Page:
“The two parts of genuine acceptance — seeing clearly and holding our experience with compassion —are as interdependent as the two wings of a great bird. Together, they enable us to fly and be free.”
It is said that mindfulness is like a bird; it needs two wings to fly. The two wings are clear seeing or wisdom and compassion.
In our meditation circle, we spoke about this and why cultivating compassion is such an important part of the practice. It is like the image of the bird, both wings need to be in balance in order for the bird to soar. When compassion isn’t informed by wisdom it turns into pity. Too much wisdom and it turns into intellectualization. So there must be a balance between compassion and wisdom to help us stay present with the challenges we face in life and to learn from them. For the purposes of this post I want to focus on the wing of compassion/self-compassion.
It’s important to begin with self-compassion…
As a therapist, I counsel others who are facing challenges in their lives. So compassion towards their suffering is an important part of the healing process. It is also important to have self compassion, as a compassionate witness. Compassion and self-compassion are powerful healing antidotes to pain. It’s powerful medicine when we can meet the pain of life in this healing way. It is, during those times that we need to stay grounded. This helps us slow the chain of reactivity and come into connection with what is happening in the moment. We become aware of our moment to moment experience, meeting it with curiosity and kindness. With this present moment awareness, we can attend and befriend that which is in need of kind attention. This is the opposite of what we usually do when we are hurt, angry or grieving. Our habitual reactive response to hurt, is to defend ourselves. This isn’t helpful, as it just takes us further away from the healing power of the heart. And this where self-compassion is needed.
Rumi speaks to this in the poem below:
The Guest House
This being human is a guest house.
Every morning a new arrival.
A joy, a depression, a meanness,
some momentary awareness comes
as an unexpected visitor.
Welcome and entertain them all!
Even if they are a crowd of sorrows,
who violently sweep your house
empty of its furniture,
still, treat each guest honorably.
He may be clearing you out
for some new delight.
The dark thought, the shame, the malice.
meet them at the door laughing and invite them in.
Be grateful for whatever comes.
because each has been sent
as a guide from beyond.
— Jellaludin Rumi,
With mindfulness, we become aware of how we are paying attention to what is happening in our moment to moment experience. When we pause and slow down the reactive mind, wisdom can arise and with wisdom, a moment of choice. This moment is a pivotal choice point; continue down the road of reactivity/suffering or shift towards a more healing response. This is the power of self compassion. We shift from needing to find the villian in the story (others, ourselves), to helping ourselves tend to what is happening in the moment. There isn’t a need to go after, or punish anybody. That just escalates the hurt, and anger. Instead we turn towards the pain and recognize that this is a moment of suffering. With that recognition, self compassion arises and we can then be with what’s happening bringing kindness and compassion to it. So what does that look like?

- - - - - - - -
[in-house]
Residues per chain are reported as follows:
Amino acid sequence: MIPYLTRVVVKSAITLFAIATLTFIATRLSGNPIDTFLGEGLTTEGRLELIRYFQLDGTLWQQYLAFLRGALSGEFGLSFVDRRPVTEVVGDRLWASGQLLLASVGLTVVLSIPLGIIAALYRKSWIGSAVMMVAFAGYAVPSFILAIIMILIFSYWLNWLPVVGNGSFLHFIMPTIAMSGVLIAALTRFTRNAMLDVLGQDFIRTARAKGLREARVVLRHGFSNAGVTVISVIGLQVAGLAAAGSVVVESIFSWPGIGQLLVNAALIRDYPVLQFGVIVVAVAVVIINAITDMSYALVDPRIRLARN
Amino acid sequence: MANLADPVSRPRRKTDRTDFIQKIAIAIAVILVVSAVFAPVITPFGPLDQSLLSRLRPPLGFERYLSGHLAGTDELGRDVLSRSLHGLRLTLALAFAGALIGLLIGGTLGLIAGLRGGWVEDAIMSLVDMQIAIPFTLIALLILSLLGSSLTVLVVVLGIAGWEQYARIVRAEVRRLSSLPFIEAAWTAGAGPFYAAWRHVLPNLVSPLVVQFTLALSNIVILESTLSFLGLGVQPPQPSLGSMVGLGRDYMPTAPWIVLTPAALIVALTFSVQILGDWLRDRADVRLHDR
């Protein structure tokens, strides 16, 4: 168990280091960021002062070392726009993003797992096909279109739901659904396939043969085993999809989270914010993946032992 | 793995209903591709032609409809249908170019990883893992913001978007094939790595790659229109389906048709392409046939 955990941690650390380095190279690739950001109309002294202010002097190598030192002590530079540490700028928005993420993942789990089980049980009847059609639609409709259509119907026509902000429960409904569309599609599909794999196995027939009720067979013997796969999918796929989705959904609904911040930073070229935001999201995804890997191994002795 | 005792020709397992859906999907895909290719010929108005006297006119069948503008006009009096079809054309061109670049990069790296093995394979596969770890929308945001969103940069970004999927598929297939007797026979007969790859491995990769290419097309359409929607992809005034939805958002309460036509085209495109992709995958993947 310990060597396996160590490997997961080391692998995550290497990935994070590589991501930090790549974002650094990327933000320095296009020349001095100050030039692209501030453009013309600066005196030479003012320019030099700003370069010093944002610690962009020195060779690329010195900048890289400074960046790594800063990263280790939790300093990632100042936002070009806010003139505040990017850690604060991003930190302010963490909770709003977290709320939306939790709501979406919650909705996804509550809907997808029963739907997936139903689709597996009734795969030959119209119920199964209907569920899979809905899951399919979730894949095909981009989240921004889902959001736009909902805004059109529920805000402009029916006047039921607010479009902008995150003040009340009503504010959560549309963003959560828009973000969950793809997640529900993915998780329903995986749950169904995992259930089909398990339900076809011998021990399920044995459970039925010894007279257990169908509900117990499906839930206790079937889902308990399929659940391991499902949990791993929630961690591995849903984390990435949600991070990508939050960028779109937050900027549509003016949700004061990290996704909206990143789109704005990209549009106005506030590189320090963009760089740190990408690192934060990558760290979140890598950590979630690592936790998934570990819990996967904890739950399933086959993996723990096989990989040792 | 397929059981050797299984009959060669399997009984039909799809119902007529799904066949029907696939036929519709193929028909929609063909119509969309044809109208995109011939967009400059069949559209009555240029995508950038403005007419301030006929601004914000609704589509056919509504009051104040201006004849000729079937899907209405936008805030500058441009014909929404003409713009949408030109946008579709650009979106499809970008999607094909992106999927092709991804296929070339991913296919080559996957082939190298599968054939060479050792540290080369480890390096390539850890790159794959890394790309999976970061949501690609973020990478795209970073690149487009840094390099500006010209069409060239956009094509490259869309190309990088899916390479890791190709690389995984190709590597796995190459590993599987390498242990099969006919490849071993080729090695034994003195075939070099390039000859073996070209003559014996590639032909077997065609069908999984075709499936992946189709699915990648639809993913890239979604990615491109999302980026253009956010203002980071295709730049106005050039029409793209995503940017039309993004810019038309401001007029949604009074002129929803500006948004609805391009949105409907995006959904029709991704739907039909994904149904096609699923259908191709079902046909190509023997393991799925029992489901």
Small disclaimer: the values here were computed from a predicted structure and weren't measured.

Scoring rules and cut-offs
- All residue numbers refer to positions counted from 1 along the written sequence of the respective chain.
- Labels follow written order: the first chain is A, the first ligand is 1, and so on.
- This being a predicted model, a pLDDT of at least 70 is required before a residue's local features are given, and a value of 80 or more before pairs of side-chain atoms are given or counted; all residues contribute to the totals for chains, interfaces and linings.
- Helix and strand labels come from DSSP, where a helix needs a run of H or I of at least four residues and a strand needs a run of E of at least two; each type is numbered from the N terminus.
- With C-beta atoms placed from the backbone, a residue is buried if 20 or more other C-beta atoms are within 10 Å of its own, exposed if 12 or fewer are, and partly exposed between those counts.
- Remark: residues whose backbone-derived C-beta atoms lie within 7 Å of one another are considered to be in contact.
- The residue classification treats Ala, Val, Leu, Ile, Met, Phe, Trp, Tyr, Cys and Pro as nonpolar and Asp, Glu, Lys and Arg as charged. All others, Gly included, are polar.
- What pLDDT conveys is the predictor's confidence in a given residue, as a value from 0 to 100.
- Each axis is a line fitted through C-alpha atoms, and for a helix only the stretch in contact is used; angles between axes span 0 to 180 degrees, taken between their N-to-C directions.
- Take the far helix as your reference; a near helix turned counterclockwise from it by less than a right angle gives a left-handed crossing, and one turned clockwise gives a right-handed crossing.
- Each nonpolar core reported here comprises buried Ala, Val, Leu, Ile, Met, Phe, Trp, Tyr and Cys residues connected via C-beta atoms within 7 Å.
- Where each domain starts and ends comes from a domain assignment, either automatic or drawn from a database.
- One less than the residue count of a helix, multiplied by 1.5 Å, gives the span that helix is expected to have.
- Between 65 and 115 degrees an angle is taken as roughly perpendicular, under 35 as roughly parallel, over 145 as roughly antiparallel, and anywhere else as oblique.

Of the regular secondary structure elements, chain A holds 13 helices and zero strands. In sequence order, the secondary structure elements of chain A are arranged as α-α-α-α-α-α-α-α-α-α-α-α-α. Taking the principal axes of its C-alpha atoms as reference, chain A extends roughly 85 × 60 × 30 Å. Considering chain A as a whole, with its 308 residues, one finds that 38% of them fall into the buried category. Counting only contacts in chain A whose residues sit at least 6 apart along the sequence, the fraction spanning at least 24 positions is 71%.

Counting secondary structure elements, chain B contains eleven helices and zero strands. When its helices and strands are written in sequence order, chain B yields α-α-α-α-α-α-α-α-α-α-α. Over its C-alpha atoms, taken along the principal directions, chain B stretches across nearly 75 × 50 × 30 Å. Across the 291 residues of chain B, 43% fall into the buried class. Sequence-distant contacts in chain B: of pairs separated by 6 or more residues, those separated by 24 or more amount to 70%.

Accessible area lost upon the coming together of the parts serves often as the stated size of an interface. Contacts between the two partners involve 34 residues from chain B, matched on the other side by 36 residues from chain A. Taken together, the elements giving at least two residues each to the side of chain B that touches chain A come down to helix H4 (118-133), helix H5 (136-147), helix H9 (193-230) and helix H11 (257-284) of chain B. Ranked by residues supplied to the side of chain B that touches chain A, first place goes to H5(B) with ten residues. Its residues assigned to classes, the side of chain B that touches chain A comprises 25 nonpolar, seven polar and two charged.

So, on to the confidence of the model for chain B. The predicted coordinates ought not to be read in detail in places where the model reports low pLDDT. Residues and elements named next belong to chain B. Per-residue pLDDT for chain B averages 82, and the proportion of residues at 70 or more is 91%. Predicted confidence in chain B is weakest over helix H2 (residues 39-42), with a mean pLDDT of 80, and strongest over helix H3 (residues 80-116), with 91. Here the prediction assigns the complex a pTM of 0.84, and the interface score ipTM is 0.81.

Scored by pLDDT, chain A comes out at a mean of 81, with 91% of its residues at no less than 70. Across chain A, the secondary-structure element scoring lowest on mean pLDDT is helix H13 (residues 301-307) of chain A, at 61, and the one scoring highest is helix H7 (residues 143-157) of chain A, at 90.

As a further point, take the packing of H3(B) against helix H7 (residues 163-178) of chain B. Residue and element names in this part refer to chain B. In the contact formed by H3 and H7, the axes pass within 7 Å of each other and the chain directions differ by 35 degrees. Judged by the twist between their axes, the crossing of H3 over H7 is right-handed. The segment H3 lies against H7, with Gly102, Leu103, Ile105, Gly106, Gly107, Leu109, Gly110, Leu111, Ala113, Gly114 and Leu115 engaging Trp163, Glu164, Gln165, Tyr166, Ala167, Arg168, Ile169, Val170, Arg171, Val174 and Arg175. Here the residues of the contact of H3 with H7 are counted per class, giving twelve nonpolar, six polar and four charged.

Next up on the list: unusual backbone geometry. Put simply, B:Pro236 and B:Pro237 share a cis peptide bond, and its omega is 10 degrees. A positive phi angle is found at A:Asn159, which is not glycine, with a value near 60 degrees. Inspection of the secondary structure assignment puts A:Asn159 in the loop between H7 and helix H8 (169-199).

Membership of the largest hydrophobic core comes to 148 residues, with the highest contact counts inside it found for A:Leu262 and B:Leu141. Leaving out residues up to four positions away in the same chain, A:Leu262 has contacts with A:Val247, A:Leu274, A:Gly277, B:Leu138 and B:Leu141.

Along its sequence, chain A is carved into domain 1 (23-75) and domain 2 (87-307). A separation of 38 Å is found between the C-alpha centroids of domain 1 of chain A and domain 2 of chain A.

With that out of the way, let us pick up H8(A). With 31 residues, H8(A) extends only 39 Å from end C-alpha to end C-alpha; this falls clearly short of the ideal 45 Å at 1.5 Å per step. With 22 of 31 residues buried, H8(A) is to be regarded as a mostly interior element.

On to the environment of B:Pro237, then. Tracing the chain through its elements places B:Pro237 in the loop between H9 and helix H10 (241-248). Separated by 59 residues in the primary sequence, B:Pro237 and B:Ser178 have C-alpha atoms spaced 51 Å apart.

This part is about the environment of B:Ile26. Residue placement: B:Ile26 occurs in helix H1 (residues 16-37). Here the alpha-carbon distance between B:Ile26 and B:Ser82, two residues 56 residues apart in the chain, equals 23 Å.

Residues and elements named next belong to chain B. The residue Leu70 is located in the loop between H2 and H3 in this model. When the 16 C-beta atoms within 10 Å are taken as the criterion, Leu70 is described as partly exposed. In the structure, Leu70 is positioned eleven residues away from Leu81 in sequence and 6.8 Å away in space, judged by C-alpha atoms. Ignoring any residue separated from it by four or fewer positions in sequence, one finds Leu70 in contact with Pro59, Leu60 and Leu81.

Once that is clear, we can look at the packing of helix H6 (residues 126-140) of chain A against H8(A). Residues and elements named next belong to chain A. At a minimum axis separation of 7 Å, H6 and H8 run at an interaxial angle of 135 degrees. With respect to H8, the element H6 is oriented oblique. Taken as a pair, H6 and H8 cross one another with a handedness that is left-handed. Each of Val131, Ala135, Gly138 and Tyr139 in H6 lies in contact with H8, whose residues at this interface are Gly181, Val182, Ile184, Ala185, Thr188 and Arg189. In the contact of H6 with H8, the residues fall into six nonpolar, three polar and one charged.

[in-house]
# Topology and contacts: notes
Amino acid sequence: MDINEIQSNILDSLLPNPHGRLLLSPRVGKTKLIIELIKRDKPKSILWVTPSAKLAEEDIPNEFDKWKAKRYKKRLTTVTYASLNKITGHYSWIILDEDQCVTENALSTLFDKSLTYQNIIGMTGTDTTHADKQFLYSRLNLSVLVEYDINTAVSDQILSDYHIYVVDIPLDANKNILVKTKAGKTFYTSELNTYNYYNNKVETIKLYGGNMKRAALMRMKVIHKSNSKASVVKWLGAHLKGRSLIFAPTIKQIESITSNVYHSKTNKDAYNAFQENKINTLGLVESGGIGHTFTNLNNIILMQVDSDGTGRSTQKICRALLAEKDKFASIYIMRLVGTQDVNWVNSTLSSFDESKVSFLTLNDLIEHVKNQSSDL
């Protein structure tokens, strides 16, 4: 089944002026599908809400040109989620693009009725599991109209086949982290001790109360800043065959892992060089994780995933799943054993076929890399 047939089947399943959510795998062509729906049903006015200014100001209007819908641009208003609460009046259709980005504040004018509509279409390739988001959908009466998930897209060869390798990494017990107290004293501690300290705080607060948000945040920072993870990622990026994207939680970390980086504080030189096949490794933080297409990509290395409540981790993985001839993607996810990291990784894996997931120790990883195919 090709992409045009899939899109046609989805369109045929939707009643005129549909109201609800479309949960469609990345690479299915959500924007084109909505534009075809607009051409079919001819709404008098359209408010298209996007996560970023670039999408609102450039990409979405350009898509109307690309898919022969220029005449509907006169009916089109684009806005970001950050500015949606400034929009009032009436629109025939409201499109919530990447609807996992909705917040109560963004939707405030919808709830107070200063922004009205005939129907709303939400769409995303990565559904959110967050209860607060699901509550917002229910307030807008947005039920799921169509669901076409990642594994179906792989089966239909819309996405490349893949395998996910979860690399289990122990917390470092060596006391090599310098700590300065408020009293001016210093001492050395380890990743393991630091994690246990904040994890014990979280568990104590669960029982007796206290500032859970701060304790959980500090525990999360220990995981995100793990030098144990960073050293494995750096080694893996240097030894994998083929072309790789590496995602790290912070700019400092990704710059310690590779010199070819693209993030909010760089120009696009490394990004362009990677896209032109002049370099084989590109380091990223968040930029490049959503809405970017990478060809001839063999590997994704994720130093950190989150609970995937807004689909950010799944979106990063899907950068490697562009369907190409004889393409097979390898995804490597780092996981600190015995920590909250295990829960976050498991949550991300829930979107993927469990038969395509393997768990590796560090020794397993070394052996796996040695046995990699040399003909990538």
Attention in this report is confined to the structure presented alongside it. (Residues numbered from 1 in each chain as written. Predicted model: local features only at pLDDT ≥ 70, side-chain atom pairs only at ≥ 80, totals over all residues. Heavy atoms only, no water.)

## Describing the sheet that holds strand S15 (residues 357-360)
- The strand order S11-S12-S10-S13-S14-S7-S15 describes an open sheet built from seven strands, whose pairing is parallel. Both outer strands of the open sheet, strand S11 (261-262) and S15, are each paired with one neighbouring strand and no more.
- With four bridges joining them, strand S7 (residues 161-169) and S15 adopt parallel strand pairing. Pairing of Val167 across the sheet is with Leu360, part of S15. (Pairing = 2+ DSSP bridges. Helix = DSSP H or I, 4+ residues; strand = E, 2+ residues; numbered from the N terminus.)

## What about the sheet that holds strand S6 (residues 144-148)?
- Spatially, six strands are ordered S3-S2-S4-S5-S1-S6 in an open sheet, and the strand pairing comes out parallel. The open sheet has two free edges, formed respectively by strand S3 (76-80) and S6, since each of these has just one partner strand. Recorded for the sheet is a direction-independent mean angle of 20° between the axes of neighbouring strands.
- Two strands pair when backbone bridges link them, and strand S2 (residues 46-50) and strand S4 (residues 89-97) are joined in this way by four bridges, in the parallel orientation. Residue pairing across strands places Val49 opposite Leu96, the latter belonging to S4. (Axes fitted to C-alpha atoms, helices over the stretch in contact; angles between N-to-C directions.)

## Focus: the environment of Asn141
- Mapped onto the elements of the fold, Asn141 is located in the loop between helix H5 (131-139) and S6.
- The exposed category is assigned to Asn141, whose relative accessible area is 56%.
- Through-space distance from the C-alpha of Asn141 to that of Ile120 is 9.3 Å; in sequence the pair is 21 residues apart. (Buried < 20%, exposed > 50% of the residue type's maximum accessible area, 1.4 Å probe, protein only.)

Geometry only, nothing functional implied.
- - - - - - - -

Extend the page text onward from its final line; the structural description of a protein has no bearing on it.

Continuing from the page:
Turning towards pain
It’s not an easy practice, this turning towards pain. Especially when we’ve been conditioned to respond to pain with reactivity. So, it is important to be patient with yourself when practicing self compassion. I’ve found that what helps, is to shift from the story about what happened/is happening to what is being felt in the body. I’ll experience anger as a burning feeling in my stomach, so when I am attuned to the body, when I feel that, I place my hand on my stomach as a symbol of care and compassion. This instantly brings me into contact with what is happening in the present moment. I feel the pain that is beneath the anger and if I stay with it, breathing into the area of distress and softening around it, the hurt begins to soften. I want to say that this didn’t happen when I practiced for the first, second or 20th time. It took time to really learn how to shift from feeding the anger with thoughts and stories, to be with the direct painful experience that was happening in the present. A resource that helped me is Kristin Neff’s book Self Compassion; The Proven Power of Being Kind to Yourself.
It also helps to belong to a Mindfulness Meditation Circle that focuses on exploring the practices that help us cultivate wisdom and compassion. Our Sangha, has definitely helped me to deepen my own pratice and understanding of these healing practices. However, if you don’t have a local group, there are many groups that practice together online. And with the state of our world today, there is truly a need for all of us to learn how to be a healing presence in the world. This helps us and when we are more compassionate towards ourselves, we in turn have more compassion towards others.
Want to learn more? Join us at our weekly meditation circle, RSVP at Meetup.com or at our upcoming 5 Day Residential Mindfulness Retreat at Casa San Carlos Retreat Center. To register go to our Event Registration page.
If you would like more information on this practice, please feel free to contact me here.